National, St Lawrence (boys), The Ham, erected in 1815, for 150 children; average attendance 143; Henry Burgess, master

National, St Lawrence (girls & infants), Halfacre, rebuilt in 1893 at a cost of £1300, for 260 children; average attendance, 107 girls & 137 infants; Mrs Martha Wildbore, mistress; Miss Ellen Garrett, infants' mistress

National, Brentford End (infants), London Road, for 100 children; average attendance, 78; Miss Frances M Dale, mistress

British (boys, girls, infants), High Street, erected in 1850, for 700 children; average attendance 600; Evan Phillips, master; Mrs Emma Phillips, mistress

Catholic, Butts, erected in 1873, for 200 children; average attendance, 140; Misses Mary Quann & Mary Harrington, mistresses

Canal Boatmen's Day (in connection with London City Mission), for 15 children; average attendance, 11; Miss Alice Bamber, mistress

This is an increase of three on the six schools noted in the Post Office Directory for 1866.


Private Schools

This list has been compiled by searches of the 1901 census for those whose occupation suggest they were working in education. Other entries have been found by searches of the British Newspaper Archive, via Findmypast: the private schools often placed adverts. The searches have been limited to around 1896-1901.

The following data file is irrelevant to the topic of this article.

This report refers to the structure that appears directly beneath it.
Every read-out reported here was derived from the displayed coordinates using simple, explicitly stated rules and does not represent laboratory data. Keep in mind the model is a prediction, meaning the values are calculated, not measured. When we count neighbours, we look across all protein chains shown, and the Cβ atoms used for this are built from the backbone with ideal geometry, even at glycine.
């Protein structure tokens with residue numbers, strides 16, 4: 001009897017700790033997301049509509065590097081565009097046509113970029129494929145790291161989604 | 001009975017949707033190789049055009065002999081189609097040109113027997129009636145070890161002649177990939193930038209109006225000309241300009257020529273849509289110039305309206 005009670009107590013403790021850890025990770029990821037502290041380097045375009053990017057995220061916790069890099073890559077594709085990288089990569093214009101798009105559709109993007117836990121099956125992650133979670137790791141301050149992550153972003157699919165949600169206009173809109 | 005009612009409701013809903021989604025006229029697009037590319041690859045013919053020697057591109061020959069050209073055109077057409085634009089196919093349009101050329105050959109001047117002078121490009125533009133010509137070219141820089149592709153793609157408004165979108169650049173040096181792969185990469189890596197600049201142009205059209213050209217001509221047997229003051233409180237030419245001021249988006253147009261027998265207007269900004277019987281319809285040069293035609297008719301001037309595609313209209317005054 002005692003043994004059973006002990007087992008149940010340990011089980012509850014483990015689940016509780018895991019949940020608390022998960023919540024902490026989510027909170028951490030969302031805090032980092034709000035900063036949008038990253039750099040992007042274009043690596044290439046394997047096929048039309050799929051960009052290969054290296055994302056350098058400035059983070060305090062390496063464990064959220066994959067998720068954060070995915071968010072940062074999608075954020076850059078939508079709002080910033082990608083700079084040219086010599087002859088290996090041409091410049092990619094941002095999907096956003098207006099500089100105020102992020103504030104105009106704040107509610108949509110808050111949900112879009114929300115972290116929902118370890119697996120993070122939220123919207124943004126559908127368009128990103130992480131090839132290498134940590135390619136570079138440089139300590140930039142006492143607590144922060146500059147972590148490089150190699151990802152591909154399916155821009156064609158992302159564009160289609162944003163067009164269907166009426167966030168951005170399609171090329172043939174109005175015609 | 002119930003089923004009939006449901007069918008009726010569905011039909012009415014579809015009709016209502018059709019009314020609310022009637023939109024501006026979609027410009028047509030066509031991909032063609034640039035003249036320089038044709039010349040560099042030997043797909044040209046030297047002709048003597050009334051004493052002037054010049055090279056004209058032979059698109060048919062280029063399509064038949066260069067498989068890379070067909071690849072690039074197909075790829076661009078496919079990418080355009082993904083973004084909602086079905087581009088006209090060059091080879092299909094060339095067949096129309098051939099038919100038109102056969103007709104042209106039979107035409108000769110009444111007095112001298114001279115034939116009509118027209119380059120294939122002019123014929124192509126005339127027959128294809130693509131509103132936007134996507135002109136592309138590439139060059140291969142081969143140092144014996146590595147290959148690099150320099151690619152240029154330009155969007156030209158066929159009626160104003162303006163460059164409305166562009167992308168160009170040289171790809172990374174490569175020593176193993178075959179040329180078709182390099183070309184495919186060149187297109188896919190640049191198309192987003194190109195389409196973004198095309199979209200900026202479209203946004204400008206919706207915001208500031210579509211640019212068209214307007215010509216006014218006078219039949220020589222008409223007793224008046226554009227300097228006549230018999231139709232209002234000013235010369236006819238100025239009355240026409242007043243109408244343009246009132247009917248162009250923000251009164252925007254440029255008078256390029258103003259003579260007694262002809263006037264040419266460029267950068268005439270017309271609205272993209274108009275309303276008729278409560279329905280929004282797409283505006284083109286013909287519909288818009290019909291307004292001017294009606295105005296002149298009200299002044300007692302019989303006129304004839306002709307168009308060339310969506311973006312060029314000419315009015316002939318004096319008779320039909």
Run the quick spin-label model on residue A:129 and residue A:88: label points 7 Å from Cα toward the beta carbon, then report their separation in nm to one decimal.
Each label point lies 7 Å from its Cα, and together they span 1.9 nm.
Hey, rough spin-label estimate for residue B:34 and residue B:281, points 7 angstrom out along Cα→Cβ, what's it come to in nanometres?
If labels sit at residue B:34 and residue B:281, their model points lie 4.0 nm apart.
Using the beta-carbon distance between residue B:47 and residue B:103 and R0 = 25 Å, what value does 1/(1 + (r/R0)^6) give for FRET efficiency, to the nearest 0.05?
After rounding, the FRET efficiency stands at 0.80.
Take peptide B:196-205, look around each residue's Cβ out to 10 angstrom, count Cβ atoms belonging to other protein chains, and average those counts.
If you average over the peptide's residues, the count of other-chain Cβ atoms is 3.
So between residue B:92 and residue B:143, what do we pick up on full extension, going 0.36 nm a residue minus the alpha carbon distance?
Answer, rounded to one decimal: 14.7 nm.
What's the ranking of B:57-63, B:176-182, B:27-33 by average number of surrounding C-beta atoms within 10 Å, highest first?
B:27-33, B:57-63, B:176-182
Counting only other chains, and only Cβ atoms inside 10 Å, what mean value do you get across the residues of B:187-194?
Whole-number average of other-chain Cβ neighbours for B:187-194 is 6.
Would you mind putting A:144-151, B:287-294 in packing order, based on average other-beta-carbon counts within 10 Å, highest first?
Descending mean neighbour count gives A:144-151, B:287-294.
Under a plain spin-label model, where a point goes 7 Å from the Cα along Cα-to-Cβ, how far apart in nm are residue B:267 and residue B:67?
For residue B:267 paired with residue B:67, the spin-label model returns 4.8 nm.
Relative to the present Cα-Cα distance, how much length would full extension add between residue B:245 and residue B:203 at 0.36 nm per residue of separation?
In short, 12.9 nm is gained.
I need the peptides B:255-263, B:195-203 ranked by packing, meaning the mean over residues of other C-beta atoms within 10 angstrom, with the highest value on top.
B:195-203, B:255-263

In addition to occupation, two columns in the 1901 census help identify those running private schools:

  • 'Employer, Worker or Own Account' set to 'Own Account' or 'Employer'
  • 'If working at home' set to 'At home'

Please get in touch if you can add to this list.

19 The Butts, Ladies School; Principal Eliza Bouts; her daughters Mary A (20) and Lena E Bouts (18) were 'teachers' and presumaby helped their mother (1901 census).

7 Boston Road, Law School at New Grove House; Proprietor Charles Falloway, Private Tutor William G Gorman. The school had 8 male boarders age 16 to 21 in 1901, most born abroad. The census was the Sunday before Good Friday and there may have been other students who had gone home for Easter.
Read more about New Grove House

15 Windmill Road, Girls' School; Principal Emily A Lowe in 1901. She ran a Kindergarten from 14 Avenue Road in 1911, this may be the age group for the Windmill Road school too.

304 High Street; Clara A Sanders was 'Governess Private School' and worked on her 'Own Account' 'At home' in 1901.
Read more about the property and occupants at 304 High Street; it seems Clara Sanders ran a private school by 1891 and up to 1913. The size of the property suggests the school was small (perhaps for younger children).